HEART DISEASE AND THE NEED TO LOSE WEIGHT

Like many Americans, do you believe heart disease affects mostly men? In fact, heart disease is the No. 1 killer of women in the United States. Heart disease kills more women than all forms of cancer combined.  Heart disease, according to The Healthy Heart Handbook for Women, written by members of the National Heart, Lung, and Blood Institute, is one of several cardiovascular diseases that affect the heart and the blood vessel system. Others include stroke, high blood pressure and rheumatic heart disease.

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10 COMMON WEIGHT-LOSS MYTHS

There are so many misconceptions about weight loss and diets that it can be hard to know what to believe. Here are some common weight-loss myths.   Snacking and eating fast food are bad ideas.    Actually, eating small, healthy snacks between meals could help you eat less so you don’t overeat or binge later. Dietitians recommend having five small meals a day, instead of just three. Snacking has a bad rap because of some of the snack choices we make, such as potato chips, cookies, candy and other fattening items.

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FITNESS TIPS FOR LOSING WEIGHT

Summer is finally here, and you want to get your weight down and be in the best shape ever. This summer, make it your mission to reach your weight-loss goals – the same ones you probably set for yourself at the beginning of the year. Fortunately, it’s never too late to start down the path to health and wellness. Follow the guidelines below so you can put yourself on a fast track. Turn these tips into lifelong habits to ensure lasting success.

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extra exercise in your daily schedule: Walk to the grocery or park a block away, increase the intensity of your activity when cleaning your home or get down on the floor and play with your grandkids.


If you’re overweight, begin slowly and build up to 150 minutes of moderate-intensity exercise weekly. Weight loss occurs with 60 to 90 minutes of exercise daily, but you must begin at a lower level if you’re just starting out. Work up to this hourly goal.


If illness takes you away from your exercise program, return to it as soon as possible at a lower-level intensity and work back up to your accustomed routine. If you have a disability, regular physical activity is necessary to prevent disease, keep your heart and lungs strong and improve mental health.


See your doctor for any advice about your exercise endeavors. Some medications have side effects that may affect your locomotion or balance and thus will have a bearing on your activity level. Ask your physician about the possible side effects and how to avoid them.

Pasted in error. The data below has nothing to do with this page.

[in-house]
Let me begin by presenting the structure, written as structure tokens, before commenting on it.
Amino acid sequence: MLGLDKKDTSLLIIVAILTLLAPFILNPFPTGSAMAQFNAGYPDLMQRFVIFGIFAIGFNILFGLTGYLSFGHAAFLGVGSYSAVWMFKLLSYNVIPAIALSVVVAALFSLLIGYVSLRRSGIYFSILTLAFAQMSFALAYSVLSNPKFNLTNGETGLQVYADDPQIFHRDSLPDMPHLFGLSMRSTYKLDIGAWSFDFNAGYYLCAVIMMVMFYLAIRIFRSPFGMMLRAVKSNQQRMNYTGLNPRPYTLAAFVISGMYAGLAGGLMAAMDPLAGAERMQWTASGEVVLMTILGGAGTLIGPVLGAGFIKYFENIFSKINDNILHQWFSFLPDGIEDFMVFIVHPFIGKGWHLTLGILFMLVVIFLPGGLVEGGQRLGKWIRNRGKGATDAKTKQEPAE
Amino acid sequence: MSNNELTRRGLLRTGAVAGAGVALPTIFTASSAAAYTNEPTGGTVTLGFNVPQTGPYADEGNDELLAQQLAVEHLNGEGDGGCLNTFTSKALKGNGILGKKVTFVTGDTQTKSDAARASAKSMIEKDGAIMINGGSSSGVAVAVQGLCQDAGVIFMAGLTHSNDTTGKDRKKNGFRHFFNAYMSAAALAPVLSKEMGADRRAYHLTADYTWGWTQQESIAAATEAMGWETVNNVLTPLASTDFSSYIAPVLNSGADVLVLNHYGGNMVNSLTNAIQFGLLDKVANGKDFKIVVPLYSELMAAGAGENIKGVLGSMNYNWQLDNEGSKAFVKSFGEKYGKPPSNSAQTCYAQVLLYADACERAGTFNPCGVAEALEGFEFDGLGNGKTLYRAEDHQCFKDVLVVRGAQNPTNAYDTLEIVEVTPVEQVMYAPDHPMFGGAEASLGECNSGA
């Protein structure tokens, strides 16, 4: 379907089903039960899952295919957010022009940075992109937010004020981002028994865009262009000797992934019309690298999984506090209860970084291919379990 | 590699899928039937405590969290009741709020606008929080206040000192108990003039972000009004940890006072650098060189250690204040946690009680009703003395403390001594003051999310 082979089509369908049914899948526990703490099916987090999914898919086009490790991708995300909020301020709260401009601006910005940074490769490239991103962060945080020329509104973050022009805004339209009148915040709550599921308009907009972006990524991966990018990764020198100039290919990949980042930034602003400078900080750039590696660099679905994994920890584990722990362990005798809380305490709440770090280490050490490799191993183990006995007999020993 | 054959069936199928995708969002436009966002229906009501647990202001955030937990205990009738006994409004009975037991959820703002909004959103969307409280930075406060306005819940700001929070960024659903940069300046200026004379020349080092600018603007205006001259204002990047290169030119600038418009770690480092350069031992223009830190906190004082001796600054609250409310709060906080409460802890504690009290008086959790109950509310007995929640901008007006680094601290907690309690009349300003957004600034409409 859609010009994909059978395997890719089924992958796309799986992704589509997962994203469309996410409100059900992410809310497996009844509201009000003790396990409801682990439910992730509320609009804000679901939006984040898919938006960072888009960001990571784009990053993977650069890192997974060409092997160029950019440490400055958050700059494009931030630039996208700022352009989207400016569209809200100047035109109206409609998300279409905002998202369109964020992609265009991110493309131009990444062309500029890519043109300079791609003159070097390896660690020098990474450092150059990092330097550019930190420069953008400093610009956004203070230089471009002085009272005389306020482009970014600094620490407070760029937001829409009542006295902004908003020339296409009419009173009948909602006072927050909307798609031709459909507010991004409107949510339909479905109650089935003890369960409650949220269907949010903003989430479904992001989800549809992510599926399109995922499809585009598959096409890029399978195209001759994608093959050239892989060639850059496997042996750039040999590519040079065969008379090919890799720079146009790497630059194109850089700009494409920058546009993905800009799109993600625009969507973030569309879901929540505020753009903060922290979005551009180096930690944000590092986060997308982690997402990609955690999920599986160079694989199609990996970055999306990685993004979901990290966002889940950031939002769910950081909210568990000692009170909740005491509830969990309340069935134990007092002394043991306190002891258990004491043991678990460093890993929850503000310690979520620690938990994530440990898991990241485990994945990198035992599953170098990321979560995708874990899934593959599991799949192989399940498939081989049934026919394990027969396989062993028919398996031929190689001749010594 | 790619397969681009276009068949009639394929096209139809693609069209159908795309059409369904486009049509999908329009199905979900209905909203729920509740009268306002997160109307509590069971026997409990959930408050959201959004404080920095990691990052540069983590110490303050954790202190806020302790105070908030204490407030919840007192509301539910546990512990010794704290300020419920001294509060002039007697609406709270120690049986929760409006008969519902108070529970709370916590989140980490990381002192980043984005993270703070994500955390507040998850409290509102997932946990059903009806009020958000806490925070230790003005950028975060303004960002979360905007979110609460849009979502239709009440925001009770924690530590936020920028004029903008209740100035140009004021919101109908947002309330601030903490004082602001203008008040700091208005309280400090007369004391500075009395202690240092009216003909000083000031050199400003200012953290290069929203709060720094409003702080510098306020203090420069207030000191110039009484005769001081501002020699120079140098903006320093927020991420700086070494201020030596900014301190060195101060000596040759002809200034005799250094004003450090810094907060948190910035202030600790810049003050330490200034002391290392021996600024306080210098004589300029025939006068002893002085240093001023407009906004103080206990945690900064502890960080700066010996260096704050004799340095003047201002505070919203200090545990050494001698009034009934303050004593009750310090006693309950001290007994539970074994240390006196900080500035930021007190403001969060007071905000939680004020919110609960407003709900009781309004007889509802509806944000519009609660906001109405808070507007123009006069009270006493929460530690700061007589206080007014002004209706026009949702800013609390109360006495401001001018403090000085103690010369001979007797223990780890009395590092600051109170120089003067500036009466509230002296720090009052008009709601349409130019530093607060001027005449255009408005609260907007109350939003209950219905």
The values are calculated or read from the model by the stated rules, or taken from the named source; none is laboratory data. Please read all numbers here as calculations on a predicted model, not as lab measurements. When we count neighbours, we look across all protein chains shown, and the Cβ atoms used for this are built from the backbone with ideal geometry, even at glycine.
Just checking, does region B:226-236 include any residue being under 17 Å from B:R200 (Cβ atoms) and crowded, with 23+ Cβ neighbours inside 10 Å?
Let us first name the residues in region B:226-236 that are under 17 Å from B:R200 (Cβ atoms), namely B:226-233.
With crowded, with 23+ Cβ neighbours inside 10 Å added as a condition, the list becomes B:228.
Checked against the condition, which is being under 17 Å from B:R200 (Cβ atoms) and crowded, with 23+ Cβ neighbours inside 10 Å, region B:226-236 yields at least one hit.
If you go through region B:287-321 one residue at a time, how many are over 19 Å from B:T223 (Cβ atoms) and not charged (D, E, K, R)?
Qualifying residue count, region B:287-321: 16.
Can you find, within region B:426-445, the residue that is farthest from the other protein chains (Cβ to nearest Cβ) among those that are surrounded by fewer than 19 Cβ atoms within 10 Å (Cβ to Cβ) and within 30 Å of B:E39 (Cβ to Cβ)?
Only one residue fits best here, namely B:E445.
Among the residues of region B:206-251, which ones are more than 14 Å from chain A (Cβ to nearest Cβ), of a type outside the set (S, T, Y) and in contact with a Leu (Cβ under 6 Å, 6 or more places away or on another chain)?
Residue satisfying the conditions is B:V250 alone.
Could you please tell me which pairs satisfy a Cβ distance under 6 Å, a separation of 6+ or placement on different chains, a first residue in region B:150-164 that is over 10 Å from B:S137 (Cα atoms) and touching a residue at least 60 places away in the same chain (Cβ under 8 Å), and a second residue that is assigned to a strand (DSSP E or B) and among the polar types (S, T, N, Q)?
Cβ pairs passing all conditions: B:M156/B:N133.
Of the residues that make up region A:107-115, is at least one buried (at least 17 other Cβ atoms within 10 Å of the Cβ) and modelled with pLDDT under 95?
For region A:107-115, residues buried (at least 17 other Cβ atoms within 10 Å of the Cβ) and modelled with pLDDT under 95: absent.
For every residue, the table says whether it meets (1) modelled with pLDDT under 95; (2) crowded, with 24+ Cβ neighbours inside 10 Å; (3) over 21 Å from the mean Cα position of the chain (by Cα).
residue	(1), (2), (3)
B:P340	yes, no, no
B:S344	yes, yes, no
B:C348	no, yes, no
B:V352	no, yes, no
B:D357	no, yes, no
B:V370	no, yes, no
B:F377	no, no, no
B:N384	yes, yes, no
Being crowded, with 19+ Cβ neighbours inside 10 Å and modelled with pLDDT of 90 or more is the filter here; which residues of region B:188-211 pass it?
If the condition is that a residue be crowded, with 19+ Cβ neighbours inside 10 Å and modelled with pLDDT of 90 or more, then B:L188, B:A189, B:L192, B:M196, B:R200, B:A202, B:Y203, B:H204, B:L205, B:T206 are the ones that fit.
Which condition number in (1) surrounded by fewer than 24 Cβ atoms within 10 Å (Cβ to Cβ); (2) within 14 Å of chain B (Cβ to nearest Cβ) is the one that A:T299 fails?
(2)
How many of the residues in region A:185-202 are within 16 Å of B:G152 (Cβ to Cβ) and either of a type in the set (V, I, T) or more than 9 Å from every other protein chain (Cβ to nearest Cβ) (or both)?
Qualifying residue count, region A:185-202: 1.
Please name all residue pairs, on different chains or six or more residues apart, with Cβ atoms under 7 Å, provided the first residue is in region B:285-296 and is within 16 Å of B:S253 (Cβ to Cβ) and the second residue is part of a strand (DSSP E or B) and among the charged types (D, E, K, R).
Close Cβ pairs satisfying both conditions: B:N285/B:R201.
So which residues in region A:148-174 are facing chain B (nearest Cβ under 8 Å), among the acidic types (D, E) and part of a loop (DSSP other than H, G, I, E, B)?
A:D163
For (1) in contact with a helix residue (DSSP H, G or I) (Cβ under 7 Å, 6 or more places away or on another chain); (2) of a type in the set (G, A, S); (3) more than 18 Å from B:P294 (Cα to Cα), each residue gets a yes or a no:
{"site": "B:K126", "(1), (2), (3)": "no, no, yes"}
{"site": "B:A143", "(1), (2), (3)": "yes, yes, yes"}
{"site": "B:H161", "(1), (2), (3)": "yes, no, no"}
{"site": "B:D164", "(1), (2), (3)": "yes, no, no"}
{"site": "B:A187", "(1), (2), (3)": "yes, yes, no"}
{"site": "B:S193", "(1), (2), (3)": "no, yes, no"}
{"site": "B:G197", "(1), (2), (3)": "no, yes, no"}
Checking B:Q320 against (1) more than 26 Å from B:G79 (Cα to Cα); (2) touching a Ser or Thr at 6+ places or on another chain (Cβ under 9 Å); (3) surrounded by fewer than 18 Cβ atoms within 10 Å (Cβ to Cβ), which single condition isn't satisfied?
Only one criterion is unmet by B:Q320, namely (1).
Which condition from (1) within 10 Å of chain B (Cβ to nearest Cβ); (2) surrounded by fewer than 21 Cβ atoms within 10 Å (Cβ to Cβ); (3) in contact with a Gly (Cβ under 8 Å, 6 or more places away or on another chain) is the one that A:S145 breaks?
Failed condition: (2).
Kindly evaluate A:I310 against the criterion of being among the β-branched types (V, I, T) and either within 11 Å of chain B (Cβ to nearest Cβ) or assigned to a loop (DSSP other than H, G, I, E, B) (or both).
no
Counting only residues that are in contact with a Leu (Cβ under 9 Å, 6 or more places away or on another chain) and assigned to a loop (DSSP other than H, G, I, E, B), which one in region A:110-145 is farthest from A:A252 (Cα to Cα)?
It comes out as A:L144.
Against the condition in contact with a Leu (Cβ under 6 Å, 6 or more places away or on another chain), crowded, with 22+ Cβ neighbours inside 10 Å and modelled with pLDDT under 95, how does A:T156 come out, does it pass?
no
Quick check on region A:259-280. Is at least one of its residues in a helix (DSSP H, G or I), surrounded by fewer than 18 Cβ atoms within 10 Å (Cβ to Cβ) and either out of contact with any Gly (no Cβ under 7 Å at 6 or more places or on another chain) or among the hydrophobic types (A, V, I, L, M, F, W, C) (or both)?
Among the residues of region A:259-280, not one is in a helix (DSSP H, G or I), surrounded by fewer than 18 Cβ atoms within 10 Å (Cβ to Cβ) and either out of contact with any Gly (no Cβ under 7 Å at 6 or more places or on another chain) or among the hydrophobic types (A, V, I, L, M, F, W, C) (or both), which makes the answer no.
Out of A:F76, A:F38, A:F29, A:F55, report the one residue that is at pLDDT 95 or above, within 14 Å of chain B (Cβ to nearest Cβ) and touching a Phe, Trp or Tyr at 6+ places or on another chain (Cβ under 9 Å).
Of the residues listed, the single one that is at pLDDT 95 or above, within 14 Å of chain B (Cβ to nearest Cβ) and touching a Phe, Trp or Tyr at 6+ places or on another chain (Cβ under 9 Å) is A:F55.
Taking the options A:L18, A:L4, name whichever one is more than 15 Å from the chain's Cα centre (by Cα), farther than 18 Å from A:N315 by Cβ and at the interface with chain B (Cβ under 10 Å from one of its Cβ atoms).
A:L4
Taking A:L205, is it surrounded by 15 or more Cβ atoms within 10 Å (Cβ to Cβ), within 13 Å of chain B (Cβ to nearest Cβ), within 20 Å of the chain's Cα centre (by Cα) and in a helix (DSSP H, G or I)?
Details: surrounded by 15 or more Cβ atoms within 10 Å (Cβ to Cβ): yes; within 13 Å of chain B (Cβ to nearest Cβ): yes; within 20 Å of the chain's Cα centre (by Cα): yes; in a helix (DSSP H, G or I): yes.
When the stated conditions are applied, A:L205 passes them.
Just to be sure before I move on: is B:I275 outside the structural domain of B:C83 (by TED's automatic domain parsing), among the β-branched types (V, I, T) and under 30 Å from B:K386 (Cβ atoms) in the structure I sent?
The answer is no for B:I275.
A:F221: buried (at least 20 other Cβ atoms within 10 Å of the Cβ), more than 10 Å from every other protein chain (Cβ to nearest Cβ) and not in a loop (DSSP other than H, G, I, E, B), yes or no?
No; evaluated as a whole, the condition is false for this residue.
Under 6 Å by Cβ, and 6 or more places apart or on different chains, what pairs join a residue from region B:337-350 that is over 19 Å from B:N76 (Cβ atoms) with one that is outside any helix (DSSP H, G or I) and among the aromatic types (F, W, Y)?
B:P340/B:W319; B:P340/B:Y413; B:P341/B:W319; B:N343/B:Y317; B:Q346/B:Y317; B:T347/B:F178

Get enough sleep because this affects all your activities. Cut down on or eliminate alcoholic beverages. Evaluate your progress at a later date and adjust your intensity and activities accordingly. Exercise may save your life, so don’t put it off.

Do you want to live a long and healthy life? Be strong and agile as you age? Enjoy life into your 90s?


The key to a lengthy, prosperous life is exercise. No matter your age – whether you’re 16 or 65 – you should begin now with an exercise program or step up the one you already have. Studies have shown exercising on a regular basis is part of a healthier and more rewarding senior life. Staying active may affect how long you live and how energetic and vital you remain. Exercise provides a kind of health insurance.


If you’ve been fit all your life, exercise will enhance your well-being and keep you fit longer. If, on the other hand, you have been a “couch potato,” you have the ability to start a healthier lifestyle today. Just see your doctor first for the go-ahead and begin a plan at once.


The National Institute of Health (NIH) says being active and exercising can change your life. Many seniors are fearful of falling so they avoid some activities, but proper movement, done safely, will actually help prevent falls and mishaps.


The NIH lists several benefits of exercise:

•  It strengthens your muscles.

•  It increases your flexibility.

EXERCISE: THE KEY TO A LONG LIFE

JEAN JEFFERS

Jean is an RN with an MSN from University of Cincinnati. She is a staff writer for Living Well 60 Plus and Health & Wellness magazines.

more articles by jean jeffers

•  It gives you more energy.

•  It helps control weight.

•  It helps build and maintain strong bones.

•  It helps prevent or reduce the risk of major diseases such as cardiovascular disease, diabetes and certain types of cancers.

•  It reduces stress, improves sleep and eases and reduces depression and anxiety.


Exercise comes in many forms, but many people do just one type all the time. It is beneficial to vary your exercise routine and include all four types of exercise: endurance, strength, balance and flexibility. Most important is finding and doing exercises you enjoy or can participate in regularly.


Make physical activity and exercise a greater part of your life by planning an individual exercise program. Set a time and place to exercise and include the different types of exercise you wish to do. Try to practice a varied routine of exercise; include aerobic exercise and weight training in your daily schedule. Planned activity improves your strength, stamina and mobility. It’s simple to get